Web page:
Thus, if a Succubus (Will +7) is possessing a local Merchant (Will +2), the Merchant gets to impose one restriction. Being human, he’s opted for “leave my family alone!”. The Succubus gets to impose six restrictions – perhaps”no killing yourself”, “do not reveal my presence to anyone”, “remain in town”, “act as if nothing is wrong”, “kill anyone who witnesses our transformation” (yes, a clash is paralyzing until one relents), and “make plausible excuses to stay away from holy places”. Note that, if one picks up an item which grants an appropriate bonus and thus allows one or more extra restrictions, the first extra one is usually “remain in possession of that item at all times” unless there’s a good reason not to pick that one.
At other times, the host and the spirit can argue over courses of action with opposed will checks. Whoever is currently dominant gets a +5 bonus. Sadly for those on the outside, such arguments and opposed checks are free actions.
Dominance is equally simple: the Spirit will have times – classically a few nights per month, although not necessarily anything to do with the full moon – when it’s dominant and the host body will be shapeshifted into a bestial form. The Mortal gets the rest of the time by default. If the dominant party voluntarily shapeshifts, they’re on equal terms for the duration.
Both minds remain present, and can communicate, at all times. After a time, they often come to a sort of an agreement; both will usually want to survive, personal pleasures appeal to both, both can find ways to make each other miserable – and the spirit will often be willing to use some of it’s powers on the hosts behalf in exchange for being allowed out during the periods of mortal dominance. Of course, this often results in a gradual corruption of the host – both by being forced to participate in horrific-yet-enjoyable (if only by proxy) acts during the times when the spirit is dominant and by the gradual moral erosion that comes with consenting to evil acts.
If the host is slain while transformed, the spirit is banished, and any damage the lycanthrope had currently is applied against the hosts hit points alone – which is rarely survivable. Banishing the spirit (not an easy task thanks to it’s bond with the hosts body and spirit) will have the same result.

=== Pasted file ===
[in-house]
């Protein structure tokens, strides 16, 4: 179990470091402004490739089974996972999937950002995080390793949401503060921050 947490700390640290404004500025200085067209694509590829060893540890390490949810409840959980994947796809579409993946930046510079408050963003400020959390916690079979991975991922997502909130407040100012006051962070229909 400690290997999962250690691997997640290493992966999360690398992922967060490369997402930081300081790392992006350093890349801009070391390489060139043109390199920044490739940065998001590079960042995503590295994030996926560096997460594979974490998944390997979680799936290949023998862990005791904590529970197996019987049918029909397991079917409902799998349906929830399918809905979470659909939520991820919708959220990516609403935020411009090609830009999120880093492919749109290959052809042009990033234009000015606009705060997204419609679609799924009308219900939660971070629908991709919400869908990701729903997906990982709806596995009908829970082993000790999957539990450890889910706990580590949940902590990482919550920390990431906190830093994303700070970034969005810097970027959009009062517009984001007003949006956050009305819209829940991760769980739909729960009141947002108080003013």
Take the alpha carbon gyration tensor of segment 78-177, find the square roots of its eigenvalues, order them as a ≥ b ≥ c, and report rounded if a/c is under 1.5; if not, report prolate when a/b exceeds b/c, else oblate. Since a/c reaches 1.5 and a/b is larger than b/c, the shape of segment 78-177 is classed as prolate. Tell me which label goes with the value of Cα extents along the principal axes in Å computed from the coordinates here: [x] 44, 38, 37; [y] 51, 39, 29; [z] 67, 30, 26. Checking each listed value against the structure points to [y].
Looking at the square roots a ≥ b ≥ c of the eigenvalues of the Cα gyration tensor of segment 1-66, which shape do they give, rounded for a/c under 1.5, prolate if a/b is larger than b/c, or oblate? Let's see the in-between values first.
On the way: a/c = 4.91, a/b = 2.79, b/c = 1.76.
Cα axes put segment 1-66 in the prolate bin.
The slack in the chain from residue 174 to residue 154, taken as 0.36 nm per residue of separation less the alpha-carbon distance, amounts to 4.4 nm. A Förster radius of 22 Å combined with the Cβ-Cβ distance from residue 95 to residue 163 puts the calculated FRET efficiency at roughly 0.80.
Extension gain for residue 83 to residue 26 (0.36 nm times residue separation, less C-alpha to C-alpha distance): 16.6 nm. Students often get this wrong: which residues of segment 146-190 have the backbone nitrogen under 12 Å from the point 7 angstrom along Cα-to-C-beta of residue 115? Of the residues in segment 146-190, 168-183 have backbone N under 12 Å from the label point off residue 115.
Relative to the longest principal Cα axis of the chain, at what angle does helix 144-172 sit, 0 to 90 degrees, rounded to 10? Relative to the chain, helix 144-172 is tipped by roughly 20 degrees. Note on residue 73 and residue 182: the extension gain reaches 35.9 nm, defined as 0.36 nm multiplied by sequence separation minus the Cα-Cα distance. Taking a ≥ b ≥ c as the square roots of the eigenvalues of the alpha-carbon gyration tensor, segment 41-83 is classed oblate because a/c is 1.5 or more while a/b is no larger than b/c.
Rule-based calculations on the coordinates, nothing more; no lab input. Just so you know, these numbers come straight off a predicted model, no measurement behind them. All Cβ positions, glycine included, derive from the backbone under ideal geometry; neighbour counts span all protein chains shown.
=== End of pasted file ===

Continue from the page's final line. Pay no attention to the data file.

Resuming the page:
If the host is slain, in mortal form, the corpse will transform and rise during the spirits usual times of dominance – although it will no longer benefit from half the hosts hit points. On the other hand, it will no longer be restrained by Detente’, even if the hosts spirit remains trapped in the corpse – a not-uncommon result. Such a spirit will continue to rise until dealt with while it is active. Of course, as it’s first action, it will usually do anything it had been barred from doing before – such doing something horrific to that merchants family.
Spirits which can summon other, similar-but-weaker spirits can “pass on their curse” – although, to do so, the victim must be either willing or currently incapable of resisting, such as by being unconscious. A serious injury must be inflicted, some portion of the body of the cursed lycanthrope – blood, a significant amount of saliva, or a chunk of tissue – must be inserted into that injury, and a short ritual must be conducted. As usual, summoned creatures cannot themselves summon creatures. Worse, each one present counts against the summoners daily limit. Our Succubus-invested Merchant could thus recruit a single lesser lycanthrope, investing the host with a Vrock – but that would be the limit. A Balor, however, could eventually command a pack of forty-eight lesser cursed lycanthropes – even if most of them would be fairly useless Dretchs.
Most cursed lycanthropes are pitiable wretches, but there are always some – who enjoy acts of beastial evil – who get along just fine with their possessing spirits. In either case, they are usually doomed to gradual corruption – and to eventually be hauled back to the spirits plane or origin.
Cursed lycanthropes usually originate through just that – some terrible curse or act of ritual magic. Occasionally, you simply get someone who was at the point of death when an evil spirit happened to be about (a distinct rarity), refused to accept death, and intuitively arrived at a pact – but this is vanishingly rare, and may be nothing more than a myth.
*Wolves, of course, have gotten a bum rap out of the entire thing. Last time I looked, wolves were highly social, intensely loyal to their friends, functioned in well-organized groups, cared for their offspring as a fiercely-protective pack, certainly seem to miss absent friends, and otherwise seem to be pretty much “Lawful Good” by most standards. Yes, they hunt and eat other animals. So do people – and I haven’t yet seen a Paladin on a crusade to save the cows.
As for rats and bears… well, somehow the rats I’ve encountered don’t seem to be any worse than squirrels, mice, hamsters, or any other rodent. Werebears, on the other hand, get credited with being lawful good. In reality, bears are often nasty solitary creatures with rotten tempers. Oh well, Tolkien put in one good-guy werebear, so they get special credit.